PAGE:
Mr. Courtney, I wish in a very few words to impress upon the Financial Secretary the growing intensity of interest taken by our Metropolitan population in the movement for nationalising our national collections, in reality as well as in name, by opening them on the Sunday so that the vast majority of the people may be enabled to enjoy and make use of them. The case could not be better put than by one of the Trustees of the British Museum, who said with regard to this Institution— The real question was whether certain public collections formed by the State and paid for by taxation levied on all classes of the community, should he accessible to the great mass of the people during the only day of the week on which it was practicable for them to visit them, He thought there was a strong primâ facie case in favour of the principle of the resolution, and it became stronger when they looked at the size and character of the metropolis. The city in which they lived was the largest capital in the world, and certainly not the most picturesque. Residents in small towns could easily escape from them by a moderate walk; but there were upwards of 2,000,000 of people who lived in the interior of London who could not escape from the long succession of streets, often squalid and generally dreary, and where, certainly on a Sunday, there was nothing to give pleasure or create interest. These are the words of a supporter of the present Government, Lord Derby, who always speaks with great common sense on social questions. I would point out to the hon. Gentleman that we are advancing by leaps and bounds in this matter. Formerly, no public collection was open on the Sunday. Now, more than half the free libraries of the Metropolis are open on that day. There was a great stride made when not only the libraries but the resources of the People's Palace were opened upon Sunday. It was quite in vain that the Lord's Day Observance Society tried to get up a petition amongst the dwellers in the East End to stop the action of the managers of the People's Palace. The Report which has been issued from Birmingham by Mr. Whitworth Wallis gives astounding proofs of the interest taken by the people in this concession. And surely in London we ought not to be in a worse position than they are in Birmingham, Manchester, and others of our large towns. A vote was taken in the County Council this year on the subject, and only nine formed the minority. The Trades Council have unanimously voted in its favour, and twice the Trades Congress by a majority of two to one have affirmed the desirability of opening our National collections on the Sunday. We owe the First Commissioner of Works a debt of gratitude for the manner in which he has dealt with the parks. Kew Gardens, Hampton Court, and Greenwich Hospital are open on Sunday, and there is no reason why the National Gallery should not be thrown open for the enjoyment of the great mass of the people, who have not time to visit it during the week. So far from such a course being detrimental to the interests of true religion, it would be an immense lever in the work of social reform. I hope the hon. Gentleman will consider that some of the most eminent of the trustees have expressed themselves in favour of this course. As to the financial question, recently it was my privilege to forward to the trustees a letter signed by the Duke of Westminster and Lord Thurlow, offering to supply the necessary funds, but I do not think it possible that the Financial Secretary would grudge the small sum needed. I am quite certain that neither he nor any other Member of the Government desires to make Sunday more oppressive and monotonous to the great mass of the people of London than any other day of the week. I hope that during the next few months the Government will consider this subject, and that next year some definite action will be taken with regard to it.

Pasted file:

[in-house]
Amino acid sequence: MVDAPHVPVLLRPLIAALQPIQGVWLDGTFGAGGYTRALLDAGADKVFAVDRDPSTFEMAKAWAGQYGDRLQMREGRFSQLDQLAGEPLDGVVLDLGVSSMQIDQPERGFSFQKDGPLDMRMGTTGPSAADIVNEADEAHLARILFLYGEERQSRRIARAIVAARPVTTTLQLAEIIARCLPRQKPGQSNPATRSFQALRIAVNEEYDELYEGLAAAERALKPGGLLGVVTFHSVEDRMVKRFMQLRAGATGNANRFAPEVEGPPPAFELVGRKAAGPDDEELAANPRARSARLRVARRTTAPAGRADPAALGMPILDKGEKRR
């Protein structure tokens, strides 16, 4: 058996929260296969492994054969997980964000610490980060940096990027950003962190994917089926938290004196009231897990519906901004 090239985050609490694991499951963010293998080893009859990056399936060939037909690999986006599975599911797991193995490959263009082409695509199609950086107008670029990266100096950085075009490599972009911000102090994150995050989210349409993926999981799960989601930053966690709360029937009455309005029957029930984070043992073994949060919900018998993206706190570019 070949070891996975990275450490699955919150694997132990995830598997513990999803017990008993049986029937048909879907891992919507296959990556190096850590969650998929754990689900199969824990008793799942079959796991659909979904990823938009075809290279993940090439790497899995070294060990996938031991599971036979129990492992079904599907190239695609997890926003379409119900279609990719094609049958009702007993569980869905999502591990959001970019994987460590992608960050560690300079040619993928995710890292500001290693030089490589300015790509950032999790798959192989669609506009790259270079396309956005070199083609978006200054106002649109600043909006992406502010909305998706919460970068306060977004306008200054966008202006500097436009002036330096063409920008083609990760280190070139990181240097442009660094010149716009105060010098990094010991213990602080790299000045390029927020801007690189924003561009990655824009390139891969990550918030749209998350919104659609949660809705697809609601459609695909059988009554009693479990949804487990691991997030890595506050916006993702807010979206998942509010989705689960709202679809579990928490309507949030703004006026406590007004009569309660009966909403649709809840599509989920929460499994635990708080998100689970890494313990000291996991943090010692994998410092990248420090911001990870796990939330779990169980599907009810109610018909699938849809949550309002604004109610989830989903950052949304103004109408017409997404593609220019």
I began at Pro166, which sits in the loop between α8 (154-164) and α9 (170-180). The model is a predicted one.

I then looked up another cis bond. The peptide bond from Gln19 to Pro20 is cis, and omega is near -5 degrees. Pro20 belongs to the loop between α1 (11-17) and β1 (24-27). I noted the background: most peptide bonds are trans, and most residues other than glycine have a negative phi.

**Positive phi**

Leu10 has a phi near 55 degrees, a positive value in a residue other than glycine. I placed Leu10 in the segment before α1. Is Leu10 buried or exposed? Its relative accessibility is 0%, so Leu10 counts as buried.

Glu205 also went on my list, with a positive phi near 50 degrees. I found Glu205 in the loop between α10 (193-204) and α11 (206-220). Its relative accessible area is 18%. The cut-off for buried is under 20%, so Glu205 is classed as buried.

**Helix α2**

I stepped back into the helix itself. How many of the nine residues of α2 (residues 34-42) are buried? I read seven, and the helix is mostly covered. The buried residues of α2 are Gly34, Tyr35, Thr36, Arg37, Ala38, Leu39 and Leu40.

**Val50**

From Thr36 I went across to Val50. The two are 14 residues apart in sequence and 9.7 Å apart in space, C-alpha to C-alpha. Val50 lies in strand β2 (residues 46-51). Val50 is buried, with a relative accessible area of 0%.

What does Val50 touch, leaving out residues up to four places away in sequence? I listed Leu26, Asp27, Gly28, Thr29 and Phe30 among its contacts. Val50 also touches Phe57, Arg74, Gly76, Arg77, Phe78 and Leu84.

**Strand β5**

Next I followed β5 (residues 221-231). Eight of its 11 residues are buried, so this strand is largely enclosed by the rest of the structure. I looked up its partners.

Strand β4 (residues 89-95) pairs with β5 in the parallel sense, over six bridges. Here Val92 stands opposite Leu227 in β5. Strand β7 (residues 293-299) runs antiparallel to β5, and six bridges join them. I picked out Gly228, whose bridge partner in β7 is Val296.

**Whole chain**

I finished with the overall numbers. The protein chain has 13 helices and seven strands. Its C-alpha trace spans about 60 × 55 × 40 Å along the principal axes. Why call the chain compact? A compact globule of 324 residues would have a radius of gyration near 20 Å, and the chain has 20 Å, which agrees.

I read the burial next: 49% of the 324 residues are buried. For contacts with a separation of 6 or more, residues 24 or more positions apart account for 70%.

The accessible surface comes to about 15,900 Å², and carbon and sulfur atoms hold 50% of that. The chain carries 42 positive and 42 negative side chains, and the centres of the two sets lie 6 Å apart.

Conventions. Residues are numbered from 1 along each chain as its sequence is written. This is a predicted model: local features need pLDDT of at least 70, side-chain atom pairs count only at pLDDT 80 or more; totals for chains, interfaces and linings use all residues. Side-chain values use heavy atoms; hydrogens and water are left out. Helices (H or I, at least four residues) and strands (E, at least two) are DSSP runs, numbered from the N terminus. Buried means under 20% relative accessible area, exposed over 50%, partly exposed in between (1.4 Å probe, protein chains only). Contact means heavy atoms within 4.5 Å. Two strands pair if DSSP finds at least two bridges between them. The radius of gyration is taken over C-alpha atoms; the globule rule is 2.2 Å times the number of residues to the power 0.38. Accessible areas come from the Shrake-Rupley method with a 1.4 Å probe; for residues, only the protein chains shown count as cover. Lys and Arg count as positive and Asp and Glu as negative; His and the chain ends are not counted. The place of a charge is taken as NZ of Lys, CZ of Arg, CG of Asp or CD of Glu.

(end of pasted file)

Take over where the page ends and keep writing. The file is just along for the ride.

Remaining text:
Sir, I can see no reason myself why, if Hampton Court, Kew Gardens, and other places are open on Sunday, the National Galleries should not also be open. The opposition comes from a party who think that Sunday ought to be rather a day of punishment than a day of enjoyment. But my hon. Friend opposite is hardly consistent in this matter, for I can recollect a case not very long ago in which he opposed the opening of places of refreshment on Sunday, and voted that they should be all closed on that day. I do not want to raise unpleasant feelings among hon Gentlemen opposite. Nor to doubt their consistency which I dare say they believe they possess to a very great extent. I merely mention this fact, that I think the encouragement of the Salvation Army, and things of that sort have militated against the opening of the National Museum. But I did not rise for the purpose of making these observations. I am, Sir, going to make some criticisms on the action of the Directors of the National Gallery, notwithstanding that they are extremely thin skinned. The misforture of our present system is that our Art and other collections are not under one responsible Minister, who knows something about them. And I wish to call the attention of the Secretary of the Treasury to an extraordinary freak on the part of the Directors of the National Gallery. The matter has been brought before the Government already. I refer to the changes which have been made in the names of the pictures. Claude Lorraine is now called "Geleé." Why should that be? "Guido" is turned into "Reni," Paolo Veronese is called "Caliavi," "Raphael" Sanzi, and so on. The attention of the Government has been called to this matter, and I have been informed that in many cases the names by which the artists are best known are painted on the frames. That is so, but these names have been painted be small that it is almost impossible to discover these old historical names. I would ask the Secretary of the Treasury to give instruction to those who manage the National Gallery, to see that the names by which artists are historically and familiarly known, are written up in larger and more legible letters on the picture frames. It would not cost a great deal to do this. At the Louvre where the system of double nomenclature is adopted, the well-known name of the painter is written in letters quite as large as the proper name. I would urge the Government to have this reform carried out.